Ashraf Abu Sneieneh, lawyer of the Palestinian Prisoner’s Society (PPS) Sunday said that Israel issued new administrative detention orders against 13 detainees. The sentences ranged between four and six months with the prisoners being from Jenin, Ramallah, Hebron, Tubas, Qalailia and Bethlehem.
Administrative detention is the imprisonment of Palestinians without charge or trial and on the basis of secret evidence for up to six month periods that could be renewed indefinitely. The use of administrative detention dates from the ‘emergency laws’ of the British colonial era in Palestine, said the Palestinian Prisoner Solidarity Network.
It stated: ‘Israel’s use of administrative detention violates international law; such detention is allowed only in individual circumstances that are exceptionally compelling for “imperative reasons of security”.’ Israel uses administrative detention routinely as a form of collective punishment and mass detention of Palestinians, and frequently uses administrative detention when it fails to obtain confessions in interrogations of Palestinian detainees.
Palestinian detainees have continuously resorted to open-ended hunger strikes as a way to protest against their illegal administrative detention and to demand an end to this policy, which violates international law. Israeli forces last Saturday night detained at least 13 Palestinians during raids across the occupied West Bank districts, according to the Palestinian Prisoner’s Society (PPS).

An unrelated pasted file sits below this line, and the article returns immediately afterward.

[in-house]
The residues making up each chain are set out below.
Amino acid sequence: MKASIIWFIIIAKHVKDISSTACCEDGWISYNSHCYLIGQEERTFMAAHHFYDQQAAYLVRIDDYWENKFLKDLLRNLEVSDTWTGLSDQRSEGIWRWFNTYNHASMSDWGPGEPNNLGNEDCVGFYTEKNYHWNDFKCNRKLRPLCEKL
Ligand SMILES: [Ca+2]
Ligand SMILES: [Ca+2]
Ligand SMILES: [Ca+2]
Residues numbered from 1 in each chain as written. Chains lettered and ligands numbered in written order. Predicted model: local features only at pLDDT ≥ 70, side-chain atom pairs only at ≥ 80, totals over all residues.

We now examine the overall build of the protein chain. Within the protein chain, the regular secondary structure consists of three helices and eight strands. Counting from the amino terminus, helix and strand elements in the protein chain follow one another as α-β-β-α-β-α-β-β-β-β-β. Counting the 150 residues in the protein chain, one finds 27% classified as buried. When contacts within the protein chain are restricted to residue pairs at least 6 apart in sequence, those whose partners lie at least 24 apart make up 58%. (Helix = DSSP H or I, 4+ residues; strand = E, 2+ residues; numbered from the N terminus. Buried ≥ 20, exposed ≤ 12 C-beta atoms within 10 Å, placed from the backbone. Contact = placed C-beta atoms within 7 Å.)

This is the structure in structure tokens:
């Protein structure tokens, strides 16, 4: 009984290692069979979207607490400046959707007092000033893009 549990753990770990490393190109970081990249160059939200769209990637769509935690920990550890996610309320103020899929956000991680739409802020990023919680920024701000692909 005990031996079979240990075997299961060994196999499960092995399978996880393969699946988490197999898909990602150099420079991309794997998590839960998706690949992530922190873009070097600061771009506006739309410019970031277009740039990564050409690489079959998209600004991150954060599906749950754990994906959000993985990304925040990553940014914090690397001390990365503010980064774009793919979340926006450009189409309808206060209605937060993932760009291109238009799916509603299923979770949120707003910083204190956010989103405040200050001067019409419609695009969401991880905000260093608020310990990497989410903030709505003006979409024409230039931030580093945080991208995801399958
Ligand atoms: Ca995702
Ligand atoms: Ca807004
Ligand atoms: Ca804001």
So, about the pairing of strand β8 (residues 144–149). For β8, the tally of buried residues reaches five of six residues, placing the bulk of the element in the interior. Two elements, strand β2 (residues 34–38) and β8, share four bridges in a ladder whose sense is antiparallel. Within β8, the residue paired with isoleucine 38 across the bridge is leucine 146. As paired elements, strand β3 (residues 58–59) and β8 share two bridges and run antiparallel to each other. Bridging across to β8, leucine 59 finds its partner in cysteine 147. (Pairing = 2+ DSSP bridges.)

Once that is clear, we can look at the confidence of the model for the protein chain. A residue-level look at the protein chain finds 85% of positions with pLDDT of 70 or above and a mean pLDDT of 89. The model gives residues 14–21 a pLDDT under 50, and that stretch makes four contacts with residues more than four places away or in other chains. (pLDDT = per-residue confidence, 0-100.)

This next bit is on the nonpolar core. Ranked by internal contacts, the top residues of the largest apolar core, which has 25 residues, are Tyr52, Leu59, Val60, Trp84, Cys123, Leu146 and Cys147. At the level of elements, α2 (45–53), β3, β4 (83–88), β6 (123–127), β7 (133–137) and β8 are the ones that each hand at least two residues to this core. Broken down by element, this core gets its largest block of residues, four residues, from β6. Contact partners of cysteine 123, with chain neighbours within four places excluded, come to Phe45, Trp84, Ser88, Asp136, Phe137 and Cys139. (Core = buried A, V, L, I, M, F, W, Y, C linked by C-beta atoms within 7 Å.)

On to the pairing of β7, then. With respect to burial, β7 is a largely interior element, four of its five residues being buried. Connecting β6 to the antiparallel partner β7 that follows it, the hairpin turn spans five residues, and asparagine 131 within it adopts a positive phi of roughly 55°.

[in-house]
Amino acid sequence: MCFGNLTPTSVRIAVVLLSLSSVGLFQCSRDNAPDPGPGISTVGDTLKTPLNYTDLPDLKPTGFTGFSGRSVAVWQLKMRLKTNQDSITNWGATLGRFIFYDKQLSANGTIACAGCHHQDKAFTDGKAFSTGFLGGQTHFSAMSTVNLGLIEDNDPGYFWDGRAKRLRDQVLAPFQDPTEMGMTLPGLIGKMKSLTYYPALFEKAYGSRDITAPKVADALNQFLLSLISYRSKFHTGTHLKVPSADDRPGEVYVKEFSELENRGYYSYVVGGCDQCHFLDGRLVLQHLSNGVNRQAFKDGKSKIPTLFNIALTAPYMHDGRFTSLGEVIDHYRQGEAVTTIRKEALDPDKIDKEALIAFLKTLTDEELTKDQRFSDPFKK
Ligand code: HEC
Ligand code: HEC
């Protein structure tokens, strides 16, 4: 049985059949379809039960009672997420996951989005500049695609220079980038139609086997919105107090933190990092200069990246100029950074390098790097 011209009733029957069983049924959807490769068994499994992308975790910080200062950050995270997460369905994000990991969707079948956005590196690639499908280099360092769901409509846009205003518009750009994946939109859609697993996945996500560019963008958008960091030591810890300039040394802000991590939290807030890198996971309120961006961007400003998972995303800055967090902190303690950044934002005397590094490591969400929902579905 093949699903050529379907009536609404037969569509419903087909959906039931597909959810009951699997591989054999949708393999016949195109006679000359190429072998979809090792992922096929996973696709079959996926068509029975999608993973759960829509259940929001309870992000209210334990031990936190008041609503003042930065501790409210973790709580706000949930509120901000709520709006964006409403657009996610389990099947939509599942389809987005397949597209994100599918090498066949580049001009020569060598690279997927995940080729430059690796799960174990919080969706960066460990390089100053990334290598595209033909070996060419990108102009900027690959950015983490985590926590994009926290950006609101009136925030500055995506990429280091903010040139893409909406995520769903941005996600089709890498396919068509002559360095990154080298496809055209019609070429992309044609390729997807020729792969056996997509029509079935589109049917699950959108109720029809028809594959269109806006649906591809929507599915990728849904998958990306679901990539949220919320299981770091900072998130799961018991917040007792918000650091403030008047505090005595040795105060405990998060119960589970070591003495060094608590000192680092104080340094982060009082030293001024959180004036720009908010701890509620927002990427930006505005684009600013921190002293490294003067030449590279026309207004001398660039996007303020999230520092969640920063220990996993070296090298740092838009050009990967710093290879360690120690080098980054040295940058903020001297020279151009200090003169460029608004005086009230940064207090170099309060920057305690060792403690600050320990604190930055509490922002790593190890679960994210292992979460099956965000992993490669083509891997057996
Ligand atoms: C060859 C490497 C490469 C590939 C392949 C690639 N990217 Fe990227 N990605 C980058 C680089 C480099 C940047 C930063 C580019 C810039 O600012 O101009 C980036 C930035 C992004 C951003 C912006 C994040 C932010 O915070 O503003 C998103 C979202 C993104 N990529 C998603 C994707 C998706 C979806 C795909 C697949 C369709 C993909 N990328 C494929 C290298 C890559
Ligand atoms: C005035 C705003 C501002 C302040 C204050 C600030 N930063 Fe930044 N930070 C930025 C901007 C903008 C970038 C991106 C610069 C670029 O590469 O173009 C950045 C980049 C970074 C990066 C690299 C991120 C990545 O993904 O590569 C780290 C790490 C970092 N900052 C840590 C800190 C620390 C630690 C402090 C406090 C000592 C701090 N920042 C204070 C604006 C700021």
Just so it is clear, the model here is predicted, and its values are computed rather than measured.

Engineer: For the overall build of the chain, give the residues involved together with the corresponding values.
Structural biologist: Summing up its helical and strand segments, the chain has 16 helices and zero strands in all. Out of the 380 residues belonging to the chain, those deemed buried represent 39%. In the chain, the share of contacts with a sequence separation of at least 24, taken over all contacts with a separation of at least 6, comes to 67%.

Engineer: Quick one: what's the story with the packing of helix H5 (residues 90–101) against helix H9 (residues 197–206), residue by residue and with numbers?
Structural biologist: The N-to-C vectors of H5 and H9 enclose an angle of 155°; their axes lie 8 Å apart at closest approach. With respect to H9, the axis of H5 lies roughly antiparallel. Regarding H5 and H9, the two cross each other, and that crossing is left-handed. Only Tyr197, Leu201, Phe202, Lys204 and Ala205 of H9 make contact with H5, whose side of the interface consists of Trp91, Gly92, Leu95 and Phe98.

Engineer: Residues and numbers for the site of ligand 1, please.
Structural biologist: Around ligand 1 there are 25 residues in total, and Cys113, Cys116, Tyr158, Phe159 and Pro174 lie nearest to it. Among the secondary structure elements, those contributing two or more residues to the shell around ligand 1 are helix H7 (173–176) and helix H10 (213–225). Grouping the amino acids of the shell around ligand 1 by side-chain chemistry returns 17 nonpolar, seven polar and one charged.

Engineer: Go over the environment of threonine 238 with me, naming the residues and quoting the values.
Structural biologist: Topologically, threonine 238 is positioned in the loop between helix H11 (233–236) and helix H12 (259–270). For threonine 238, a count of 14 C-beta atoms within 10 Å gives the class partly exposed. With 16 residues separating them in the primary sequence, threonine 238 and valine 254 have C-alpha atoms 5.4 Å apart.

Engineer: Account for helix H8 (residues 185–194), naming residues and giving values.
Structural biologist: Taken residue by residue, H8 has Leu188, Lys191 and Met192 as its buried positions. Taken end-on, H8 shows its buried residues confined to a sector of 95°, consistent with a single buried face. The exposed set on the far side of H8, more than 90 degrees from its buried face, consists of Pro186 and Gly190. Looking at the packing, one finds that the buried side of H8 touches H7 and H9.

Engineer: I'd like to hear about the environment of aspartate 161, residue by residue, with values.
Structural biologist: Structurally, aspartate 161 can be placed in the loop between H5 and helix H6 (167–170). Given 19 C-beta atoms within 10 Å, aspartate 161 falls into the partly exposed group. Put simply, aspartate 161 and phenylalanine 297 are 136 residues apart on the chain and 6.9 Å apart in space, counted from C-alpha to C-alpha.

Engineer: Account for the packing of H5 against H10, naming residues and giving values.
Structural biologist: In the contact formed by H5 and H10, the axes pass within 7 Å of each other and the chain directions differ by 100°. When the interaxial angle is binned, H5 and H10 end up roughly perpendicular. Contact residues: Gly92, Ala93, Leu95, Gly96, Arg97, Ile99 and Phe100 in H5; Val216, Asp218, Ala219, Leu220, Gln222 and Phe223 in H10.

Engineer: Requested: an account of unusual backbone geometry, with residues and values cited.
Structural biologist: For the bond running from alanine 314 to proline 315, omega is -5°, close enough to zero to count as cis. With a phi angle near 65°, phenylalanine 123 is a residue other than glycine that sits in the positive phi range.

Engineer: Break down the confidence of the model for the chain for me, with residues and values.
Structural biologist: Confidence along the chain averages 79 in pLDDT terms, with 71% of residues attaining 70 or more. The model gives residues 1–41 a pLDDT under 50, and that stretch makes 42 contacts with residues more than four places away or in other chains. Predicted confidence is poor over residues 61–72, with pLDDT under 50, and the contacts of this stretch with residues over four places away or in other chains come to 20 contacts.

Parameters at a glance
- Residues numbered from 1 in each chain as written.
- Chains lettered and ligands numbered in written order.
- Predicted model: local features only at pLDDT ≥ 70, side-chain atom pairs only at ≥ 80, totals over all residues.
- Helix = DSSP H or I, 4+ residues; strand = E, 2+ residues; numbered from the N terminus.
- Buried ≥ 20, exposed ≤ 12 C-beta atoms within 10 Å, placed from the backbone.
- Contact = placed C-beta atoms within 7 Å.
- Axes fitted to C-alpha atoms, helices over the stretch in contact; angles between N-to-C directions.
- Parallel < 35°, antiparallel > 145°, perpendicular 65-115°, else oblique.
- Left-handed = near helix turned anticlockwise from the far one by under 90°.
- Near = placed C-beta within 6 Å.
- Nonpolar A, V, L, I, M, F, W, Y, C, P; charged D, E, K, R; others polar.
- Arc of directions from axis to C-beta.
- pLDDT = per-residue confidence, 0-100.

Israeli forces detained four Palestinians in Hebron district, three from Ramallah and two each from Bethlehem, Jenin, and Nablus districts. Israeli police arrested more than 120 Palestinians in occupied East Jerusalem during the past two days, but most of whom were later released. Israeli army on Sunday shut down the main entrance to the village of Kobar, north of Ramallah in the West Bank, according to local witnesses.
Locals said that Israeli soldiers raided the village at midnight and searched several homes, before closing the main entrance to the village with earth piles and large rocks to obstruct traffic.
This was the third time Israeli military blocked the main entrance to the village in less than a ten-day period.
Israel has been punishing the village of Kobar and its residents since 19-year-old village resident, Omar al-Abed, stabbed and killed three Israeli settlers on July 21 in the illegal settlement of Halamish. Abed is in the Israeli army’s custody after he was shot and injured following the attack.
The army has been raiding the village almost daily since the attack in a collective punishment step, harassing and assaulting its residents, raiding and ransacking homes of relatives to al-Abed and arresting family members, including his parents and brother.
Every time the village residents removed the road blocks, the army returned and re-sealed the road preventing them from leaving or entering it with their vehicles. Israeli forces’ bulldozers on Sunday razed lands in the village of Kharsa, in the district of Hebron in the occupied West Bank, in order to set up a military watchtower, local village leaders said.
No’man Amro, head of Dura village council, said that Israeli army came to the village under protection of Israeli forces and razed lands to make space for a military watchtower in a populated area, noting the dangers of this tower on Palestinians’ lives.
Abd al-Hadi Hantash, an expert in settlements and maps, stated that the targeted area is vital for nearby villages, saying the tower could be a real danger to the area.